Be aware, just running the mysql command on the Raspberry Pi (without supplying a user with -u) will try to use the user that is using the terminal (probably pi), and this user does not exist (by default) on MySQL. You can either always supply the user, or create a pi user in MySQL.

## Install PHP

To be able to run PHP, we will need to install PHP on the Raspberry Pi, and add the PHP module to Apache.

Let’s install:

sudo apt install php libapache2-mod-php -y

And load the PHP module in Apache:

sudo a2enmod php7.3

Restart Apache to activate the new configuration:

systemctl restart apache2

## Set up Apache

We will need to do a little bit more setting up on Apache, both to make it work, and to make it work better.

Let’s also load the rewrite needed to rewrite requested URLs.

sudo a2enmod rewrite

Right now Apache is not set up for the user

We will also need to add a bit to the configuration to enable PHP:

sudo nano /etc/apache2/apache2.conf

Scroll until you see something like:

<FilesMatch "^\.ht">
Require all denied
</FilesMatch>


<IfModule dir_module>
DirectoryIndex index.php index.html
</IfModule>

<FilesMatch "\.php\$">
SetHandler application/x-httpd-php
</FilesMatch>


I also add my own directory where to store my sites. I never use the default location, because I can never remember it. Luckily we can add another so we have a more convenient place to store our site

Scroll until you see something like:

<Directory /var/www>
AllowOverride None
Require all granted
</Directory>


This is the default location for your sites. My preferred location is a new folder called Sites in my home directory, but it can be anything you like.

Add this below the default block:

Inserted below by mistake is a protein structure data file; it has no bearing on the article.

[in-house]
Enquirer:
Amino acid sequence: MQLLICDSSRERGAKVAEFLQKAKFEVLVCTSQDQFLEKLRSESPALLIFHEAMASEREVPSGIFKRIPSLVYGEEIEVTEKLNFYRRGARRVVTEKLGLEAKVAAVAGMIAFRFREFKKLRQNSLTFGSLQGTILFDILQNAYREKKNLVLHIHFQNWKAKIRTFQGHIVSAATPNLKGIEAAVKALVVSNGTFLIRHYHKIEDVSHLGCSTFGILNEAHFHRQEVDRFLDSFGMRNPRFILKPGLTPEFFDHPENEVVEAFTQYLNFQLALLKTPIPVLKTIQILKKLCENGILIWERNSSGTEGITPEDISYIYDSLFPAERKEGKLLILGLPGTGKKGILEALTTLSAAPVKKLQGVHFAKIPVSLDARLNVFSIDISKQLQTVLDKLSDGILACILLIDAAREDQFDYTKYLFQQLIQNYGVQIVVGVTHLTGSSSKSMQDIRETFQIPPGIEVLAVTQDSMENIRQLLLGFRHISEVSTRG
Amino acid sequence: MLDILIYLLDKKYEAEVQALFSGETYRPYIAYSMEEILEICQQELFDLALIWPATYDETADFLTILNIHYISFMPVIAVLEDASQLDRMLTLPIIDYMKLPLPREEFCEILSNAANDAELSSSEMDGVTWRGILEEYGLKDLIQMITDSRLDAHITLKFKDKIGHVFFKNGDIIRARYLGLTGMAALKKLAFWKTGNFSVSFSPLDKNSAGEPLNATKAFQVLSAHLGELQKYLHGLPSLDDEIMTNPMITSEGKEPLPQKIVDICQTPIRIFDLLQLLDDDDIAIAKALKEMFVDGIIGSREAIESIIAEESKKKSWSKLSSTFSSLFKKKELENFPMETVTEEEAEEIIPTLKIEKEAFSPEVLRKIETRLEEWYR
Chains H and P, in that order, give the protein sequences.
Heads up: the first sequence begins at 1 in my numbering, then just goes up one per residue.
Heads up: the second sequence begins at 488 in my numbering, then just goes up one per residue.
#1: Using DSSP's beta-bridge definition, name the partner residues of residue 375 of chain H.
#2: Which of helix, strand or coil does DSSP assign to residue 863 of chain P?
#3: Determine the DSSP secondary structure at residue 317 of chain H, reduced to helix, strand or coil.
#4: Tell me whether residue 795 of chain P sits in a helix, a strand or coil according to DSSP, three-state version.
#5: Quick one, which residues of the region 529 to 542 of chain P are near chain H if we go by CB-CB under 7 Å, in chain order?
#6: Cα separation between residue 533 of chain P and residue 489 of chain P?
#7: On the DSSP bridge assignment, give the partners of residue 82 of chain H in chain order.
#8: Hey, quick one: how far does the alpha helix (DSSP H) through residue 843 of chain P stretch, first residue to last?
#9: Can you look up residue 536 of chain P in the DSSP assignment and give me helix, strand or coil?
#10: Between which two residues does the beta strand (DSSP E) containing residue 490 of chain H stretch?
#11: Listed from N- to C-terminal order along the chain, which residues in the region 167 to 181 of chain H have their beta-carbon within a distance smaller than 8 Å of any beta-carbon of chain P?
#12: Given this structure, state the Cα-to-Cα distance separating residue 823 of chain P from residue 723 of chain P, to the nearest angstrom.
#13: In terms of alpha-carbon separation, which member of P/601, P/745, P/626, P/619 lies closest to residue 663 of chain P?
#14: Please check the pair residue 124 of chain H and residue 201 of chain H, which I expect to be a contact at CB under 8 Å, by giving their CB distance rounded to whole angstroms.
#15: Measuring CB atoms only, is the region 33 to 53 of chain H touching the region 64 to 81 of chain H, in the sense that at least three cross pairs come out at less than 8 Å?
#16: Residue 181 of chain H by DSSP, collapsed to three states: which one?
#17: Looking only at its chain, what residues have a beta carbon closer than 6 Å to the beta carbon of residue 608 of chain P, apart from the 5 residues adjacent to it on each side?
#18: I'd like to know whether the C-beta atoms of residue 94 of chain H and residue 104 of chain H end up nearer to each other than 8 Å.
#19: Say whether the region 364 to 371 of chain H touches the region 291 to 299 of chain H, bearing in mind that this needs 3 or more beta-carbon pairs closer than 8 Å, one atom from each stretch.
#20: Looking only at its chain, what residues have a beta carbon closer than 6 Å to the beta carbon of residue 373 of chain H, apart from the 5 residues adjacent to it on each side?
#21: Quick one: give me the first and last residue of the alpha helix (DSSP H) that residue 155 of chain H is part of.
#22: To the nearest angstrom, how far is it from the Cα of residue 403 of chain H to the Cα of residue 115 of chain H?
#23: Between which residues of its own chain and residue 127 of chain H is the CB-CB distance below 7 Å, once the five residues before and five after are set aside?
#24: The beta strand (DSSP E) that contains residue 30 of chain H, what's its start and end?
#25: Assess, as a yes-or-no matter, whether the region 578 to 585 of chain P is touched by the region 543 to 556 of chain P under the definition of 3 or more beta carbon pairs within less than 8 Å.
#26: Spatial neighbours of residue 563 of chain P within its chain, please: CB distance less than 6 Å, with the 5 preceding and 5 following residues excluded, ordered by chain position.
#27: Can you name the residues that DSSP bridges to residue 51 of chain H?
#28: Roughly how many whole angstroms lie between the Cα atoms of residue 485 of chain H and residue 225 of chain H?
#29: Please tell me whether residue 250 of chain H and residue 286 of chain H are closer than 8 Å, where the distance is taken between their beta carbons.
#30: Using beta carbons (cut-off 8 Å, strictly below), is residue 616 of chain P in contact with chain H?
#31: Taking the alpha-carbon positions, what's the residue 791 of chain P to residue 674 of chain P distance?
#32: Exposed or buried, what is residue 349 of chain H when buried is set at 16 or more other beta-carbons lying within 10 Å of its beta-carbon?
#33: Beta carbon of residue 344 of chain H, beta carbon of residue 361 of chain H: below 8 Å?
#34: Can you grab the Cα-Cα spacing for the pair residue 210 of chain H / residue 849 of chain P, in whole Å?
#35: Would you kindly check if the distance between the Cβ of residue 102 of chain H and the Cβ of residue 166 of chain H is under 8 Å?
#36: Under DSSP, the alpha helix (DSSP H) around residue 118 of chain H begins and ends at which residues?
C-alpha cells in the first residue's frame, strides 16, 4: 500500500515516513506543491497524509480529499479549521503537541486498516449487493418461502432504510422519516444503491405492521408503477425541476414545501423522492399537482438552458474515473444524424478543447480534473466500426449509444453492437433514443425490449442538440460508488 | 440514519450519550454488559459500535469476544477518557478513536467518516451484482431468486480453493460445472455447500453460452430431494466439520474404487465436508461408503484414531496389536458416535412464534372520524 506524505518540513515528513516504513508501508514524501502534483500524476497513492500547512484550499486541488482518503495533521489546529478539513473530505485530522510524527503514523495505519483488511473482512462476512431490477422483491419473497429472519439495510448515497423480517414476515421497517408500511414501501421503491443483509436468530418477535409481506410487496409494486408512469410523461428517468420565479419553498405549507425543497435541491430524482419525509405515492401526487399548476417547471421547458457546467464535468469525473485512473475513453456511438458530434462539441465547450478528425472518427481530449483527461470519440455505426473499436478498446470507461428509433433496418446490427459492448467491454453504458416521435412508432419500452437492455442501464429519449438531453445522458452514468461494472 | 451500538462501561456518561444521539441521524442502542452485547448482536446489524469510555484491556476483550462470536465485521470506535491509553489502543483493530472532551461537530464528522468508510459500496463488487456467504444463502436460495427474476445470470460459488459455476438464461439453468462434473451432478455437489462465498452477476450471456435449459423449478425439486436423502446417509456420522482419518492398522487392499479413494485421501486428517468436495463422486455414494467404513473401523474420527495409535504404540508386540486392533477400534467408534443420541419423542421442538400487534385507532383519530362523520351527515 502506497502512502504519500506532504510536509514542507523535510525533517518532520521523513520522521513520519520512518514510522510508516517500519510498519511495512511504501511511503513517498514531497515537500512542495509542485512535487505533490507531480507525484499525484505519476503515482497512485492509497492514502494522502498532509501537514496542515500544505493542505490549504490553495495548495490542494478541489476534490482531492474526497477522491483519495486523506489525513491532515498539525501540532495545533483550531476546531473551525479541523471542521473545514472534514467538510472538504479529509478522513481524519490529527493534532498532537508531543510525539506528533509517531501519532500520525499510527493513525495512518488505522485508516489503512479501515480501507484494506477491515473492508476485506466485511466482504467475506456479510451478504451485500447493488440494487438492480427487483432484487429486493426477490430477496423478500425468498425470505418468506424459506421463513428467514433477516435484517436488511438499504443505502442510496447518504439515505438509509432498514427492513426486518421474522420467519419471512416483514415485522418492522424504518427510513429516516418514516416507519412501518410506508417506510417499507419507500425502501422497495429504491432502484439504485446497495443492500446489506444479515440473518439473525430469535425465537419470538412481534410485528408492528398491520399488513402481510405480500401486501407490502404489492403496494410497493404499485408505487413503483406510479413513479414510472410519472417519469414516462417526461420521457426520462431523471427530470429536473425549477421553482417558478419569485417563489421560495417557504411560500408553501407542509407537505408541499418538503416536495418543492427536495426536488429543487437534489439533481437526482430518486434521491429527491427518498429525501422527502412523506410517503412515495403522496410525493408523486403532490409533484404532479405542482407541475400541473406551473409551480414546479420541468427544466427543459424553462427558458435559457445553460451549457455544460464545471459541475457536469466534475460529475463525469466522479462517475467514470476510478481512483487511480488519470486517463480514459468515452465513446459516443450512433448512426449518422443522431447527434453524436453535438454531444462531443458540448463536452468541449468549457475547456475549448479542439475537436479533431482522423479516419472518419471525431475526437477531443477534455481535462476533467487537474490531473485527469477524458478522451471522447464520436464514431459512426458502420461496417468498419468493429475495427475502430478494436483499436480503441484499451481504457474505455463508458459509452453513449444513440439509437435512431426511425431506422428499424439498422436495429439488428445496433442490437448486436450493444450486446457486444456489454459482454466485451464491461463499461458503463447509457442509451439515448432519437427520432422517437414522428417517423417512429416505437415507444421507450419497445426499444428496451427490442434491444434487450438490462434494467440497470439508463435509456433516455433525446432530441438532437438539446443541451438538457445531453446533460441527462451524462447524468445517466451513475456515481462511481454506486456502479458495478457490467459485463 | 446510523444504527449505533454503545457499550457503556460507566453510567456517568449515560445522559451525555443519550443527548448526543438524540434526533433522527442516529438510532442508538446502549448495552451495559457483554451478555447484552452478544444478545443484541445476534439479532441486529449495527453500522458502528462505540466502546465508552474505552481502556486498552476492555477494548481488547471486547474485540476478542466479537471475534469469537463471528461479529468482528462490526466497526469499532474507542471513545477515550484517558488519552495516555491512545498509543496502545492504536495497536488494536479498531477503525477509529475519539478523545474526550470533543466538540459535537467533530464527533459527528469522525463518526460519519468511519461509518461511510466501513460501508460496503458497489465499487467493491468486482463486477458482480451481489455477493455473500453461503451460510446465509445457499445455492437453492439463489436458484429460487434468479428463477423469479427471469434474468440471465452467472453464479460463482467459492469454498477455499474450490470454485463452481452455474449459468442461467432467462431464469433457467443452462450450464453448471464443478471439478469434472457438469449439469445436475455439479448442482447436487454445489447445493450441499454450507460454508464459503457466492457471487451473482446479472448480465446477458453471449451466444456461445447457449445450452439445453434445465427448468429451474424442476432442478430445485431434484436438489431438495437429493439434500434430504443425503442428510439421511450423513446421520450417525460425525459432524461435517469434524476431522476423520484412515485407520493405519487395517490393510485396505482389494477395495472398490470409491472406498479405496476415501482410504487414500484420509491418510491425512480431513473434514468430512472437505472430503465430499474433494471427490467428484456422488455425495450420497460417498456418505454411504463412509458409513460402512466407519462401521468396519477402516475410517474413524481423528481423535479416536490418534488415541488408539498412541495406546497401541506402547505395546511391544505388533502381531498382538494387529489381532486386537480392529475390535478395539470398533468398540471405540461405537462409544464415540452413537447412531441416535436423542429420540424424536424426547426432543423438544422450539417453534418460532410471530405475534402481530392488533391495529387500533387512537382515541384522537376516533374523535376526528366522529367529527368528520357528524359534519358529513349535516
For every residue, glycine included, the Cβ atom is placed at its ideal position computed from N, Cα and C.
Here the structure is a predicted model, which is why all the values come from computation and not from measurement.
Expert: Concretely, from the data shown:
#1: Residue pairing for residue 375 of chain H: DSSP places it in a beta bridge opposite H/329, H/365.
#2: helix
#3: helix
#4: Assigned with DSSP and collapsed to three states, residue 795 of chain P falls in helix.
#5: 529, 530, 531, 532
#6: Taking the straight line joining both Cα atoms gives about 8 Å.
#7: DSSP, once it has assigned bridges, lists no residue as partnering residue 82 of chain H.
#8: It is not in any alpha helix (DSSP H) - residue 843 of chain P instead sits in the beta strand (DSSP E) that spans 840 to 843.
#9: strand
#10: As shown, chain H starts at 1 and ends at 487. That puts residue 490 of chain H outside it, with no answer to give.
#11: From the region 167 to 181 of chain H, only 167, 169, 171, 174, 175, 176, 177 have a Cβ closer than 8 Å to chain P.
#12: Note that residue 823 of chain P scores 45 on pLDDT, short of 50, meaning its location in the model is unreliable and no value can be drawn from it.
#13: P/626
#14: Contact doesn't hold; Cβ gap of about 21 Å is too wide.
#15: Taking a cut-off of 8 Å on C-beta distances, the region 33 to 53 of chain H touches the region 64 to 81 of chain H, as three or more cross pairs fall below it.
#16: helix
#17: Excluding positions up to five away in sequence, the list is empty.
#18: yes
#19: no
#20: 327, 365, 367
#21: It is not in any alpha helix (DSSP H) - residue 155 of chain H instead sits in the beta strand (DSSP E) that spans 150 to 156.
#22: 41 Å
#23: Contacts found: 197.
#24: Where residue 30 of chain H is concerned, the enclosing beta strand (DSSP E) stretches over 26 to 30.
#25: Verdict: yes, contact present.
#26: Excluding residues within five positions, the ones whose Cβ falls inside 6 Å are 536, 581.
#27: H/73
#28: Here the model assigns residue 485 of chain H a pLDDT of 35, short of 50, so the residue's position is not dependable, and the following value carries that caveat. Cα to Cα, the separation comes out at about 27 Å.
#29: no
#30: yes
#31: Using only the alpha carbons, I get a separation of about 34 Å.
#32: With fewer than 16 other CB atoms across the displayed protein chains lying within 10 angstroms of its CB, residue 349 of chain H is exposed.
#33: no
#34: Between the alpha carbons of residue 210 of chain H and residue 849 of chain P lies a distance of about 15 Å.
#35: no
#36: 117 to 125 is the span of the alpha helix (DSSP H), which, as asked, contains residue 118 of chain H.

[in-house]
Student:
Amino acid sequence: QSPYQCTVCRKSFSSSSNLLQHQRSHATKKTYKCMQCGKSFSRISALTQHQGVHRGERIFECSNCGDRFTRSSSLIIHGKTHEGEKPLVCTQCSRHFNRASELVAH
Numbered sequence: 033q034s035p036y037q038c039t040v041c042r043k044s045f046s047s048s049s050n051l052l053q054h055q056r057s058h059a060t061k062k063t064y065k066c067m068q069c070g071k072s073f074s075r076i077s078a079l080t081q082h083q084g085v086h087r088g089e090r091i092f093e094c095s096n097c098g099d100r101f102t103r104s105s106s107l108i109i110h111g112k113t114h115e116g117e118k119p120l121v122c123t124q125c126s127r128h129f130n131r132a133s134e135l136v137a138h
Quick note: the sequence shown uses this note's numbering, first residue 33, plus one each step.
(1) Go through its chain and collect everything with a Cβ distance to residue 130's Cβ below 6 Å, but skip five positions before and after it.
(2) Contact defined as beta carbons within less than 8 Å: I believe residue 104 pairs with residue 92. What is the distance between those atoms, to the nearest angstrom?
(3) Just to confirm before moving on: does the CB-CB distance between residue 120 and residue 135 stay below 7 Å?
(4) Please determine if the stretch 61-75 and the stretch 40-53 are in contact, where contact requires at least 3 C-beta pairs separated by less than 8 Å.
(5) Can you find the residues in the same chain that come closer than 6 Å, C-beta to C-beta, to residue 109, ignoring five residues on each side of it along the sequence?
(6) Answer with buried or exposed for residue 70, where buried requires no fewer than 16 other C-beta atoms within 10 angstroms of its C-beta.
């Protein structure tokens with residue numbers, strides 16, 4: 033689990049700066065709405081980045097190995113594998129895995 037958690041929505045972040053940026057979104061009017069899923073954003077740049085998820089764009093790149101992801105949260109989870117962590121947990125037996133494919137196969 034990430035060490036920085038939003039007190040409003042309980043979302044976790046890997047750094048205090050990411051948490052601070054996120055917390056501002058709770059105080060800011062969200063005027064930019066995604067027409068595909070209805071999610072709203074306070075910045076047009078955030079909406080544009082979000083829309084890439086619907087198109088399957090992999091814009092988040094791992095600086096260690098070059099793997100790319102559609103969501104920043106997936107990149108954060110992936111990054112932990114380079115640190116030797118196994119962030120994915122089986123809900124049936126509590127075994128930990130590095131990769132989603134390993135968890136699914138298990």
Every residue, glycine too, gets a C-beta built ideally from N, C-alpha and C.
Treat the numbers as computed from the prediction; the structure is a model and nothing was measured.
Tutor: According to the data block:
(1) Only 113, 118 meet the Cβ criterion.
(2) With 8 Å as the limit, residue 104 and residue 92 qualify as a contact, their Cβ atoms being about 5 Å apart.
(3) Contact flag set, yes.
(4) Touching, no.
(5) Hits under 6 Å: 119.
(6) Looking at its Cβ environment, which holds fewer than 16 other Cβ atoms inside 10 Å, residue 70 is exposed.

<Directory /home/pi/Sites>
AllowOverride All
Require all granted
Allow from all
</Directory>


Save and close the file with CTRL+Q, Y and enter.

Let’s restart Apache to load the new configuration file:

systemctl restart apache2

We will also change the default Apache users in the envvars file:

sudo nano /etc/apache2/envvars

Change:

export APACHE_RUN_USER=www-staff
export APACHE_RUN_GROUP=www-staff


To:

export APACHE_RUN_USER=pi
export APACHE_RUN_GROUP=pi


Restart Apache again:

systemctl restart apache2

We can now test PHP. Let’s go to our Sites folder, and create and open a PHP info file.

cd ~/Sites
touch info.php
nano info.php


<?php phpinfo(); ?>

Save and close the file with CTRL+Q, Y and enter.

Now visit this file with our browser on localhost/info.php or <ip address>/info.php. You should see something like:

1. Screenshot of my PHP info file, served from Apache

## Virtual Host

This setup will serve one site (on the standard port 80) from one folder. If you want to host more than one site, you can use virtual hosts to do this. I don’t use this on my Raspberry Pi (as this is my production machine, with just one site), but I do use it on my Mac quite a bit to offer a development and test version side by side. There are quite a few different ways to configure your virtual hosts, so I won’t go into detail here. You can start here to read all about it.

## Useful commands

To restart Apache (after changing settings):

systemctl restart apache2